Why Indian Army should vacate Siachen?
By S. M. Hali
It was expected that following the Gayari incident, the India would agree to drawdown its forces from Siachen and give political leadership a chance to negotiate the settlement of the twenty-eight years’ old dispute. However, once again Indian obduracy prevailed and the issue, which has claimed over 8,000 precious lives, the majority of which are Indians and due to inclement weather, failed to move them. The thirteenth round of talks between Pakistan and India, which was conducted between the Defence Secretaries of the two countries, failed to achieve any breakthrough. Unfortunately, Indian political leadership, while accepting so-called professional advice from their military establishment, felt it expedient to stick to their stated positions during the 11-12 June 2012 Pakistan-India Defence Secretary level talks on Siachen.
Saner Indian opinion builders, which include Lieutenant General (Retd.) Dr. ML Chibber, the GOC Northern Command, who had executed the illegal occupation of Siachen in April 1984, is today one of the leading voices in demanding a complete withdrawal of the forces from the highest battlefield in the world.Siachen is not merely a military issue between Pakistan and India; environmentalists note with serious concern that continuous military activities on Siachen are causing enormous melt down with catastrophic effects on flow of waters in Indus basin. One of the major reasons which negatively affected weather pattern contributed to the catastrophic floods in Pakistan in 2010 & 2011.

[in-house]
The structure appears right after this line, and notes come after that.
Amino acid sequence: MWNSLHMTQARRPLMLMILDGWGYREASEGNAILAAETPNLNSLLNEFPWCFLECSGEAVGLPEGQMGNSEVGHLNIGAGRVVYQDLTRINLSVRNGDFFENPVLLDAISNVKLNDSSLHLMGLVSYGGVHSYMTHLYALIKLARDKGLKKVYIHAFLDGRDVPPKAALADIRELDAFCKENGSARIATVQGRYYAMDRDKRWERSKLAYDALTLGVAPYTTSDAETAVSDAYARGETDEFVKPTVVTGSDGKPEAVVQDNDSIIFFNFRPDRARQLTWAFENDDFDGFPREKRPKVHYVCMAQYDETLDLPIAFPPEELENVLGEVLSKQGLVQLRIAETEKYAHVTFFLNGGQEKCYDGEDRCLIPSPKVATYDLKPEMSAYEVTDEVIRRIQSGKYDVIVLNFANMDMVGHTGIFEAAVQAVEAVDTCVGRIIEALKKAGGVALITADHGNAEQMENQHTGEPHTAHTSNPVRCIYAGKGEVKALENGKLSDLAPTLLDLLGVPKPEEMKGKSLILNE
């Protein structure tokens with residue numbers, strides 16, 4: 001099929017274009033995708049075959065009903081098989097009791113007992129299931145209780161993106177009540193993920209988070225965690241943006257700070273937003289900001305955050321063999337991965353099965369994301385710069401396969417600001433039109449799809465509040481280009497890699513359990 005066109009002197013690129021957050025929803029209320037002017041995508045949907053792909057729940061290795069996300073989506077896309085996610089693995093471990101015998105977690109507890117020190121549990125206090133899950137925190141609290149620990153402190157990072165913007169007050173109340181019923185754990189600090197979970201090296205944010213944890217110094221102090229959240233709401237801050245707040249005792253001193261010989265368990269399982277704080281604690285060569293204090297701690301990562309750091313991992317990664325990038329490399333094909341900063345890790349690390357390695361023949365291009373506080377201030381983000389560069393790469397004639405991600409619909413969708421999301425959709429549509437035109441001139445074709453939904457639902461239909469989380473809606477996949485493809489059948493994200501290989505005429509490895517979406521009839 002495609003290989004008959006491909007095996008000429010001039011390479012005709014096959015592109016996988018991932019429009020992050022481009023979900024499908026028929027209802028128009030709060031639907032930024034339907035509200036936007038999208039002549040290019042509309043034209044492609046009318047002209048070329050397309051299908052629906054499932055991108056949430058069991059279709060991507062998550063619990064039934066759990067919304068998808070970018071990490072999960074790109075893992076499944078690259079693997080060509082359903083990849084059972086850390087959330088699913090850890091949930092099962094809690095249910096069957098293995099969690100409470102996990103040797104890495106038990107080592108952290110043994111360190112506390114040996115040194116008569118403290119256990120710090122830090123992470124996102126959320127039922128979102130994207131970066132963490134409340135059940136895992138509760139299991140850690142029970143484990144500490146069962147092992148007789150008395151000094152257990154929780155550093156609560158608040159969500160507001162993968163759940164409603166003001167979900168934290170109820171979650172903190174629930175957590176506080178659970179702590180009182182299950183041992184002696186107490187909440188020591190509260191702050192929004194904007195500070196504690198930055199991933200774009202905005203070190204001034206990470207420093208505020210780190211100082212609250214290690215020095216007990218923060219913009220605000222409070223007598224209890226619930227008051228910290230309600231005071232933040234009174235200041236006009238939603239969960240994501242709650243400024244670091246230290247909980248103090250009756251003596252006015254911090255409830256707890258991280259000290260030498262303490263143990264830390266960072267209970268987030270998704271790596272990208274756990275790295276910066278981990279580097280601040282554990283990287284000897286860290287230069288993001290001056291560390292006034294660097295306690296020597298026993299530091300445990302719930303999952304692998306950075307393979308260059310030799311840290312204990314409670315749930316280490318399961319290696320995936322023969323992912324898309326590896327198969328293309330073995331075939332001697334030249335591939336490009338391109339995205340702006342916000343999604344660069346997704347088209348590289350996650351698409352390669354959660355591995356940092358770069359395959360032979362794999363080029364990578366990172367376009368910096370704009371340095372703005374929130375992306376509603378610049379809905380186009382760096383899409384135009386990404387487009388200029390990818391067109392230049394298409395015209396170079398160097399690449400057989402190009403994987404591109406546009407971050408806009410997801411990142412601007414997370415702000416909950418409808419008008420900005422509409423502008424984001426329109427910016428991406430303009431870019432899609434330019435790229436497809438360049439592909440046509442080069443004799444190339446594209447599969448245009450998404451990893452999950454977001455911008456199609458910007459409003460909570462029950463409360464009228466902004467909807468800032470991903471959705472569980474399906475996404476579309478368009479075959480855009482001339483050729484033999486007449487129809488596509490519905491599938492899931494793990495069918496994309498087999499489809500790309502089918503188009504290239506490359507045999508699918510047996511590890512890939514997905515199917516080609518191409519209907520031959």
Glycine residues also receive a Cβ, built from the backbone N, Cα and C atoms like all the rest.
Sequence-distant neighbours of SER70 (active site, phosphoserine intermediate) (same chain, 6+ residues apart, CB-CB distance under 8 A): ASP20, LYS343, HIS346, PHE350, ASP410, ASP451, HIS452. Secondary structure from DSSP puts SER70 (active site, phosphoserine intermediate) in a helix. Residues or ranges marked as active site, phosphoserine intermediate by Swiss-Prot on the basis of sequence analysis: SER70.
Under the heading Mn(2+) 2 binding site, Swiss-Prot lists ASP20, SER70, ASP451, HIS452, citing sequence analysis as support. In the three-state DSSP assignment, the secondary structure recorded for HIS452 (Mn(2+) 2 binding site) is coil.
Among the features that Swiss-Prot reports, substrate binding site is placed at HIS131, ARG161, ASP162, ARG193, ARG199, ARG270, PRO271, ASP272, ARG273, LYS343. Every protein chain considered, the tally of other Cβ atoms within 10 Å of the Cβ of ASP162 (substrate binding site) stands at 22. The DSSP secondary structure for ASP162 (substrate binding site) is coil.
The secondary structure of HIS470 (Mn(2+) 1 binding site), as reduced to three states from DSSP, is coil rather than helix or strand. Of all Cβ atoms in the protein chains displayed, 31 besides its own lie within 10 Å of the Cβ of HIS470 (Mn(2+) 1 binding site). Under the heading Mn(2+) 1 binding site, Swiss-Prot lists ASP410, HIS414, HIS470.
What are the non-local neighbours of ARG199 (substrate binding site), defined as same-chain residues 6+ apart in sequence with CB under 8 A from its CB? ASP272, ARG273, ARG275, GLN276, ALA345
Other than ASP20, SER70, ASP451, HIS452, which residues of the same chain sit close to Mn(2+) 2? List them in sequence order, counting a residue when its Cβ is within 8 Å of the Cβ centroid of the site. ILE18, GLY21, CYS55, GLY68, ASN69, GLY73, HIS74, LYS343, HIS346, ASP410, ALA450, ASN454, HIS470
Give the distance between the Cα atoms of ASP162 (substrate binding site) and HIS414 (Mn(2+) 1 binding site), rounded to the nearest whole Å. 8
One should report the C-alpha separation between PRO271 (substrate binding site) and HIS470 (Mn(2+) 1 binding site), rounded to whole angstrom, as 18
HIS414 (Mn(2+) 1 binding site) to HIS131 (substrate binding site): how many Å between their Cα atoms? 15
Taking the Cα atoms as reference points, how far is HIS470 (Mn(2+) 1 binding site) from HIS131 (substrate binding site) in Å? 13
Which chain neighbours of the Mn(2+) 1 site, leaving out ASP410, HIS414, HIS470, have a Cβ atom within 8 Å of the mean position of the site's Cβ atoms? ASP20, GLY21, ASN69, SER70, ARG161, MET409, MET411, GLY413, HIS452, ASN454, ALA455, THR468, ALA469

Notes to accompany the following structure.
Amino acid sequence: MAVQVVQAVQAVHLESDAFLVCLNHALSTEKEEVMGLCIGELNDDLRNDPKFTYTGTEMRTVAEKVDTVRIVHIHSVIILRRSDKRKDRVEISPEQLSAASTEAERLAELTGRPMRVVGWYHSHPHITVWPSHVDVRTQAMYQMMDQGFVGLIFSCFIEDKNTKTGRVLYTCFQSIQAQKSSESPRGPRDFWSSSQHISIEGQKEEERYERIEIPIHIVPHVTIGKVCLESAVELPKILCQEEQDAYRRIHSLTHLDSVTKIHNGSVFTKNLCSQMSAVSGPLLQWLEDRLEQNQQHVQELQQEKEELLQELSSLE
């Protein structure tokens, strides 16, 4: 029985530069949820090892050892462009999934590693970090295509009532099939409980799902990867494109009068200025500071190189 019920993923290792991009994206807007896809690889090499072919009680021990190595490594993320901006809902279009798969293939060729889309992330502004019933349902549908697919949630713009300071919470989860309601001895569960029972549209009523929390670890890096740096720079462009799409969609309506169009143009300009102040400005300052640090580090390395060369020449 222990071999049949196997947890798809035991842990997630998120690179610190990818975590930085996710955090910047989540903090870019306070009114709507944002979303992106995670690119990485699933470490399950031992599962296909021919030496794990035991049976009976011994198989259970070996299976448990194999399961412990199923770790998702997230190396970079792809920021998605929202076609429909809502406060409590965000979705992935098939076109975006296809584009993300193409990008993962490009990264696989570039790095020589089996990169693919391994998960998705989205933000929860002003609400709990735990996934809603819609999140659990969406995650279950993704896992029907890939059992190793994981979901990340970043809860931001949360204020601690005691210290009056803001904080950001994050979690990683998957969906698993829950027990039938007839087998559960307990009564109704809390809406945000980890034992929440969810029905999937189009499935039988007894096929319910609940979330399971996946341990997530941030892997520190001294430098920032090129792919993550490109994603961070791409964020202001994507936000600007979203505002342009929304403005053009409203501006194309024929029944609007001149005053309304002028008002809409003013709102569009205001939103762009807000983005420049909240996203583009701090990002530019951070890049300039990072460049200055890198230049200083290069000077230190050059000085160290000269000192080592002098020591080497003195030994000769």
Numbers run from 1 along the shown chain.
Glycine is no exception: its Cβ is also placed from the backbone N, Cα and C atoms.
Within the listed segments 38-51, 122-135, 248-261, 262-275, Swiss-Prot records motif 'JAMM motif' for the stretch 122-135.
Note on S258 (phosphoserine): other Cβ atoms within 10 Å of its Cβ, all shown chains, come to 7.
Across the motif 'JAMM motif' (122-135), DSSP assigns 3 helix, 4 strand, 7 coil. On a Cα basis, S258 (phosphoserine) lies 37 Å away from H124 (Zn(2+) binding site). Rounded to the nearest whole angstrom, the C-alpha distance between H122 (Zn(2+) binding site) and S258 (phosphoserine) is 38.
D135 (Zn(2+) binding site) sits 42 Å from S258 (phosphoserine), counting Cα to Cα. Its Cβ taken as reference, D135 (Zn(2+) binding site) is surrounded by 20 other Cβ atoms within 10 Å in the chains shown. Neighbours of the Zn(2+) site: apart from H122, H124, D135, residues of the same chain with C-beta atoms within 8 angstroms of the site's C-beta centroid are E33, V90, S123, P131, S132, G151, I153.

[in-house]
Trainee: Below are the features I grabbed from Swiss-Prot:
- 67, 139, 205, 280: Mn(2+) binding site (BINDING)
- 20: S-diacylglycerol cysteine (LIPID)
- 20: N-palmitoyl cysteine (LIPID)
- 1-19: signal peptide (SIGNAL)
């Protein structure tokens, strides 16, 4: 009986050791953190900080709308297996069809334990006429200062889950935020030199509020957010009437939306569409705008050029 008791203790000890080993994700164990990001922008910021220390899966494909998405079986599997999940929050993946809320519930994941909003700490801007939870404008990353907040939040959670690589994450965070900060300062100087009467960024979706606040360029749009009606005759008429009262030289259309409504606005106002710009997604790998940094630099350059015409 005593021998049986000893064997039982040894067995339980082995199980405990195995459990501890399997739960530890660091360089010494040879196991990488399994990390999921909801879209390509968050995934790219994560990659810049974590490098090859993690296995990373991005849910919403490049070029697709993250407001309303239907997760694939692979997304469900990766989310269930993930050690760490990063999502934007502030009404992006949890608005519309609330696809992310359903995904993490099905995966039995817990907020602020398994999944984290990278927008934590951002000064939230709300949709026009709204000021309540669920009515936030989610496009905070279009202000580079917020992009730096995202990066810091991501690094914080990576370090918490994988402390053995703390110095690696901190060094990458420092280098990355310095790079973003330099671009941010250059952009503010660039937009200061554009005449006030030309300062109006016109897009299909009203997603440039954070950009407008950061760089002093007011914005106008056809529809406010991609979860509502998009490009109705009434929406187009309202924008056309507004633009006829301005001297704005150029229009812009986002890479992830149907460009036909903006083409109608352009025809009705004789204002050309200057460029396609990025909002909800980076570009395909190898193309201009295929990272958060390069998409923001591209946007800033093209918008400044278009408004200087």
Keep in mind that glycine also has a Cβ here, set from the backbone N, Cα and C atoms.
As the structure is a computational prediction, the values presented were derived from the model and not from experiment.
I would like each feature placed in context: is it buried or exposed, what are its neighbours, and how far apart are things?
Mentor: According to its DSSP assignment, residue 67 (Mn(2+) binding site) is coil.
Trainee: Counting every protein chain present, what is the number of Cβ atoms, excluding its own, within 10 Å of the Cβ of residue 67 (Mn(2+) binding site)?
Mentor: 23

Studies indicate that the glacier was uninhabited before 1984, and the presence of thousands of troops since then has introduced pollution, while in order to facilitate the troops, glacial ice has been cut and melted through application of chemicals, causing it to recede at a rate of 110 meters per year. It has also been brought out that the dumping of non biodegradable waste in large quantity and use of arms and ammunition has considerably affected the ecosystem of the region, which may lead to “glacial retreat”. Preliminary findings of a survey by Pakistan Meteorological Department in 2007, based on satellite images, revealed that the Siachen glacier has been retreating for the past 30 years and is melting at an alarming rate of about 110 meters a year and that the glacier size has almost reduced by 35 percent. In an eleven year period, the glacier had receded nearly 800 meters, and in seventeen years about 1700 meters. It is estimated that the glaciers of the Siachen region will be reduced to about one-fifth of their current size by 2035. While in the twenty-nine year period (1929–1958), much before the military occupation, the glacial retreat was recorded to be about 914 meters. One of the reasons cited for recent glacial retreat is chemical blasting, done for constructing camps and posts.